Placing a lucky dip on the lottery can seem like the easy option but in actual fact it has many advantages over choosing your own numbers that you then feel you have to play every week. Over 50% of lottery draws have been won with lucky dip tickets and generally the prize share tends to be higher for those winners as less people are likely to share the numbers. Lucky dips are generated using a pseudo random number generator, they are not truly random but close enough. On this page you can read about how lucky dips worth and the benefits and disadvantages of playing them.
We've all been there and lost something and cannot remember for the life of us where we put it. In some rare instances that may be something incredibly valuable like a winning lottery ticket. We've all read stories of unclaimed big prizes or prizes claimed late near the deadline but what should you do if you believe you've won the jackpot or a decent prize but you've lost your ticket? Luckily there are processes and procedures in place to deal with this, if you can provide information about where you bought a ticket, time and date and how you paid you can often still get paid out even if you've lost the actual ticket.
Most people who win a prize on the lottery or on a scratch card will claim it almost immediately but there are also many reasons why people may not, including; losing a ticket, being away from home or simply forgetting about it. With the lottery things are pretty clear cut, you have 180 days from the draw date to claim and if you don't it will go to good causes. With scratch cards it's more complicated as there is no set end date, specific games are withdrawn when all the top prizes are paid or all the tickets are sold in that run. After this time the operator announces a period in which prizes can be claimed, although most players wouldn't know about that.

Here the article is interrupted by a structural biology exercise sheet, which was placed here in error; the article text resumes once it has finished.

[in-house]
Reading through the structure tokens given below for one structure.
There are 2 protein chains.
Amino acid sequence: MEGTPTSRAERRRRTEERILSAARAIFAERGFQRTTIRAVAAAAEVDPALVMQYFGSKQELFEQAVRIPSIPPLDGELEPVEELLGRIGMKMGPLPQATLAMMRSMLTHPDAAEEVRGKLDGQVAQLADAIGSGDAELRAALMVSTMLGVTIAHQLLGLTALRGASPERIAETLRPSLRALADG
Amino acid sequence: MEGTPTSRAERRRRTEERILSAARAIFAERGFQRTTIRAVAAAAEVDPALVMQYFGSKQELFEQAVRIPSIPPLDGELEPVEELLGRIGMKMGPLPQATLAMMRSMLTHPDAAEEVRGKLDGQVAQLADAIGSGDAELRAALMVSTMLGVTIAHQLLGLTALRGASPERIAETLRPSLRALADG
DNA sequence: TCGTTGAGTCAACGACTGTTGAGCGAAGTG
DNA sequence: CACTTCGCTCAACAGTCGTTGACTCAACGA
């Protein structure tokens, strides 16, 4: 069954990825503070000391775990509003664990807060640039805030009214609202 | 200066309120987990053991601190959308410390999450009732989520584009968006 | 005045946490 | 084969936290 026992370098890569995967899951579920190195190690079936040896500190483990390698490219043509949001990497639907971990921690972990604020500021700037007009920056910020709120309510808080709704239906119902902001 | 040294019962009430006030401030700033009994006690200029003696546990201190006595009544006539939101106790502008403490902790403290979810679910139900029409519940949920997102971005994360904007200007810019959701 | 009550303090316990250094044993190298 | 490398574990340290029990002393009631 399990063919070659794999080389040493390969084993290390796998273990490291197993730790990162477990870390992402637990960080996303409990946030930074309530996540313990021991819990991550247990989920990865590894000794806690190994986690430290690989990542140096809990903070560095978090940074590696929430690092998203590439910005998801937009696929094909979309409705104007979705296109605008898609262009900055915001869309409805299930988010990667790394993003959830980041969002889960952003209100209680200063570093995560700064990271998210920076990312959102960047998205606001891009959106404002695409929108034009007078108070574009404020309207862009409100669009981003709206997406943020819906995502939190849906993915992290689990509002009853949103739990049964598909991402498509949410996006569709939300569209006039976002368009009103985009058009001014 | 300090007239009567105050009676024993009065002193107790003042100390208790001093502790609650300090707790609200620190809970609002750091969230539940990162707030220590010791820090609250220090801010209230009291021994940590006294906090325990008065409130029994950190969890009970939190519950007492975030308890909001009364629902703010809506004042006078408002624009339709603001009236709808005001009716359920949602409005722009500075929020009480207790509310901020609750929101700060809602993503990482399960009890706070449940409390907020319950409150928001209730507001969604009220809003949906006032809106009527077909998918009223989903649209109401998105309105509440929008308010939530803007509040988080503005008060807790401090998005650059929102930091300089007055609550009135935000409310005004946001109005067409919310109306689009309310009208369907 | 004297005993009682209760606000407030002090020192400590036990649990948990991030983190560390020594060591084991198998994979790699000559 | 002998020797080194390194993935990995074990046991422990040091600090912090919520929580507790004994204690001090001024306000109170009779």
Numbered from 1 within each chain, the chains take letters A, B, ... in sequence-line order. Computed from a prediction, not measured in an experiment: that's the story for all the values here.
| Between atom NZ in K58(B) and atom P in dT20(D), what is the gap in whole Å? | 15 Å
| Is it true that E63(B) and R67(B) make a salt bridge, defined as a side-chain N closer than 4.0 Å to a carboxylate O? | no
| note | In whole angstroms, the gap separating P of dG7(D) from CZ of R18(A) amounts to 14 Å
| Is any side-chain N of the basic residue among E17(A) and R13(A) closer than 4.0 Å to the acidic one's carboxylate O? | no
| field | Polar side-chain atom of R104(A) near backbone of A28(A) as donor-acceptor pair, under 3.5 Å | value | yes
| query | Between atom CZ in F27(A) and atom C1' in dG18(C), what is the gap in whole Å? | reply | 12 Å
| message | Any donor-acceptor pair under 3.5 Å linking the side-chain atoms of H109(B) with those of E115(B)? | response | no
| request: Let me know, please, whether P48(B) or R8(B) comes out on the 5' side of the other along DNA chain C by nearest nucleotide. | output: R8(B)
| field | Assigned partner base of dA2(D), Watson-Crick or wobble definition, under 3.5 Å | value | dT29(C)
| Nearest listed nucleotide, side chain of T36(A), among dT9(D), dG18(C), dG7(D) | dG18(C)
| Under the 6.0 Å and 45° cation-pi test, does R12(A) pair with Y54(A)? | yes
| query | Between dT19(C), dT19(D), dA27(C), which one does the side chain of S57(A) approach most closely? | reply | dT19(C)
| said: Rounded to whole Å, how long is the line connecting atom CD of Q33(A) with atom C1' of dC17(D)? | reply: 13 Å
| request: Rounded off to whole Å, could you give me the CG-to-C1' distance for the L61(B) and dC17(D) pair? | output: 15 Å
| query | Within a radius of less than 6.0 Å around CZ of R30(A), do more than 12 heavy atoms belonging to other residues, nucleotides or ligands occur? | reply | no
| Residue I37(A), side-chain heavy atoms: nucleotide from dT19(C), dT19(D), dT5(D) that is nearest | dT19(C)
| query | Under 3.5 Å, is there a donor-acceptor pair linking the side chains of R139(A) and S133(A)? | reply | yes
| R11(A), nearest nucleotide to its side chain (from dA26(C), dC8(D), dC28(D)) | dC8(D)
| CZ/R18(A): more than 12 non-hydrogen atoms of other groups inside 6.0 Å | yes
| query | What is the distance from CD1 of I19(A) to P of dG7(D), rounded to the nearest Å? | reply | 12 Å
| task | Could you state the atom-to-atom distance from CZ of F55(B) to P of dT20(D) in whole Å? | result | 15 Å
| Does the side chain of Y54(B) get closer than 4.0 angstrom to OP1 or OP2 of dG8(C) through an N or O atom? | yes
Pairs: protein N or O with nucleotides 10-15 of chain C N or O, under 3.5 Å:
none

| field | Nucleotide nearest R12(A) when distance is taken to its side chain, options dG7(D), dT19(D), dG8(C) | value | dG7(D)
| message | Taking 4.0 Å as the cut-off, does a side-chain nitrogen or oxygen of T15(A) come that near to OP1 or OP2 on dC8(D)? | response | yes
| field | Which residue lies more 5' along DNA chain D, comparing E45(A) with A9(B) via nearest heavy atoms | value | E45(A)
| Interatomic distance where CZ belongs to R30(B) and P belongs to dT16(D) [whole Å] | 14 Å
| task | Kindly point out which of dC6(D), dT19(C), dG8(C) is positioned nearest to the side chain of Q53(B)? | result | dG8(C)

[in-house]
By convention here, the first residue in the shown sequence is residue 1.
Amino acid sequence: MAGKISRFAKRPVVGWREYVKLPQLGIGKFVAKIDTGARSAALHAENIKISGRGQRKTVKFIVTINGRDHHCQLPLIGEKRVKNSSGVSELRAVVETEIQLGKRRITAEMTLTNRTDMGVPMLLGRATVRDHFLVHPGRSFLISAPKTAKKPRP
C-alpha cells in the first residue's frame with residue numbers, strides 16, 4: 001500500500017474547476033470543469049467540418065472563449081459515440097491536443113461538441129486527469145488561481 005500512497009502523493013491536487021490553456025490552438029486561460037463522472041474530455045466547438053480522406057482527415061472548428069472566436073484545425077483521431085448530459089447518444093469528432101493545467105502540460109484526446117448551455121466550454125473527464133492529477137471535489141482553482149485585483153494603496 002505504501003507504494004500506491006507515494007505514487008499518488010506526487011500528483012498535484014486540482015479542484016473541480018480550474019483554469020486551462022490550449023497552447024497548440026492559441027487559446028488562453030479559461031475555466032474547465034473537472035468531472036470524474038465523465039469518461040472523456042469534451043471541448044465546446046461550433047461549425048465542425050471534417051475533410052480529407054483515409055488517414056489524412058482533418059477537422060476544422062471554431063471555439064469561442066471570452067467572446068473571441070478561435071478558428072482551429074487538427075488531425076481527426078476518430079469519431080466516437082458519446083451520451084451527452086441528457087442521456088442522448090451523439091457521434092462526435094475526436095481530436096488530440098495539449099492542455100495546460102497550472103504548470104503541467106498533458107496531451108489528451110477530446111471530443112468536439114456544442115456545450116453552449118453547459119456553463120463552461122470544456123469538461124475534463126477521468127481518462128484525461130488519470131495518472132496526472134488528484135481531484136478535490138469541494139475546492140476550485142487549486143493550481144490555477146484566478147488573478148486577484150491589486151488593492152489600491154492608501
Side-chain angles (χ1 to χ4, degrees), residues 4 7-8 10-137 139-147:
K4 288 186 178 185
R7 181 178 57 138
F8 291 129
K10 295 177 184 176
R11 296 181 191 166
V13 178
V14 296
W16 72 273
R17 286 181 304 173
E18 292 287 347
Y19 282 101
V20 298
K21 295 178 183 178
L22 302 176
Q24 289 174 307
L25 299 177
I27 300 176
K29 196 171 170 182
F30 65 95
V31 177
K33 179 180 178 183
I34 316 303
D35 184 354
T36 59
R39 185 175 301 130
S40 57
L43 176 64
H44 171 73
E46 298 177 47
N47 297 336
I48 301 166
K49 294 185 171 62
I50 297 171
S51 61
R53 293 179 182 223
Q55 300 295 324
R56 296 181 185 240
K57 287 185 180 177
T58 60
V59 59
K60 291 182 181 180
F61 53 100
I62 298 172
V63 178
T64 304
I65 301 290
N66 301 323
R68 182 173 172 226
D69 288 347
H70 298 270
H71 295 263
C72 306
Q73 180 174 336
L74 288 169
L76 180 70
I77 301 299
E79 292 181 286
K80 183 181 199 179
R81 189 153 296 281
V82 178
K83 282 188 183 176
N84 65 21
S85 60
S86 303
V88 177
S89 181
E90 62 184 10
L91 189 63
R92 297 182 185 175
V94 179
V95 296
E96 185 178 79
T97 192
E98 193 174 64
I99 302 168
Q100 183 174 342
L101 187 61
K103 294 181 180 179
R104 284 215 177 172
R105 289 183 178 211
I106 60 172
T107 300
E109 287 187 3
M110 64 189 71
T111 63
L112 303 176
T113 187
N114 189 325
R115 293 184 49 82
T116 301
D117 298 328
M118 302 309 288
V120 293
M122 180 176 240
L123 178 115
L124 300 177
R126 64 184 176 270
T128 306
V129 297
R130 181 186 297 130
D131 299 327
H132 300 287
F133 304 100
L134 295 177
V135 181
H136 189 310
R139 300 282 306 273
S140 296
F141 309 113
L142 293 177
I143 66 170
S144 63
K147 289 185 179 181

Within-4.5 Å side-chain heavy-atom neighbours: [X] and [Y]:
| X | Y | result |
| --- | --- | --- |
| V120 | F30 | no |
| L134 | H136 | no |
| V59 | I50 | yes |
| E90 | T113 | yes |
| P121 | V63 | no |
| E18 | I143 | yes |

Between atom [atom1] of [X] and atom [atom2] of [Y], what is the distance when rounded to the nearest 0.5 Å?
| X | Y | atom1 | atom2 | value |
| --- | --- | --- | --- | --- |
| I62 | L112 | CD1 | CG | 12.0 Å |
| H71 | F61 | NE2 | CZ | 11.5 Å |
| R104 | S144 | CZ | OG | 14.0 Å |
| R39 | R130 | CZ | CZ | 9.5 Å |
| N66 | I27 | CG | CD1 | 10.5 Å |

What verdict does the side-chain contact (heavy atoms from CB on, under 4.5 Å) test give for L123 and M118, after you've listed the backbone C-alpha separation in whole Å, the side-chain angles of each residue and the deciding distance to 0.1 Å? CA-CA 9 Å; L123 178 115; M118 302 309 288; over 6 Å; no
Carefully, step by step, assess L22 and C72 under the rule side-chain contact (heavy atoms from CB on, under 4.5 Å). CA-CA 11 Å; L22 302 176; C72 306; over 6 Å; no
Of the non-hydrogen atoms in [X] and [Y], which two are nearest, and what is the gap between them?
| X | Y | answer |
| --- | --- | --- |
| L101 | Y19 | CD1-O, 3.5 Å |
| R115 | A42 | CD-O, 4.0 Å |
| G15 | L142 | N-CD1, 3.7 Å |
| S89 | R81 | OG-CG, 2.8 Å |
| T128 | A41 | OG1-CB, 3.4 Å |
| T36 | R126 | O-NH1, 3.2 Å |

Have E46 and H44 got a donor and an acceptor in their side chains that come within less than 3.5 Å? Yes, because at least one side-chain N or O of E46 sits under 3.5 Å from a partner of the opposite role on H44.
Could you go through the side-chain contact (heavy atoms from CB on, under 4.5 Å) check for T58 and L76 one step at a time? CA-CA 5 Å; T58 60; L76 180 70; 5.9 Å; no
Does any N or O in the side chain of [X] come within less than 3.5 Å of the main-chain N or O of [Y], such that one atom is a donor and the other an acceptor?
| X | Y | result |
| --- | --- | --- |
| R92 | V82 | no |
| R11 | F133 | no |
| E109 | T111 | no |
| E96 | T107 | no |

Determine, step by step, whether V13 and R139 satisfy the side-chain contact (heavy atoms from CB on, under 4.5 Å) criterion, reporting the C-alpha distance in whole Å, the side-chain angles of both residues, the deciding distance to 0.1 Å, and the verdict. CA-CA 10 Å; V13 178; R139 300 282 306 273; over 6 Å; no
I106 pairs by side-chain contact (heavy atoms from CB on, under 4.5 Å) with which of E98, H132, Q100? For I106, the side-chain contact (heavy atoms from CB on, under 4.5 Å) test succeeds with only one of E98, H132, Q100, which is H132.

It doesn't happen too often that people share the lottery jackpot, especially since they increased the number of balls in the standard lottery to 59, but it does occur occasionally. It is not ideal sharing a jackpot but it's better than not winning at all, but what happens if the other person or people sharing the jackpot do not come forward? What happens to the rest of the prize? Unfortunately the winner that did come forward won't get the other share(s) of the prize if the other people don't make a claim within 180 days, rather it goes to good causes with all the other unclaimed prizes.
The Irish Lotto is actually older than its English cousin and in recent years has become a popular game to play outside of Ireland thanks to its generally better odds compared to the other lotteries, such as the UK's. You can often play the Irish Lotto through UK betting sites but this isn't the same as playing for real, they just offer fixed odds bets. Some sites do let you play for real either by buying tickets for you or matching prizes using an insurance model. Find out how to play the Irish Lottery, odds and prizes and how it compared to the UK lottery.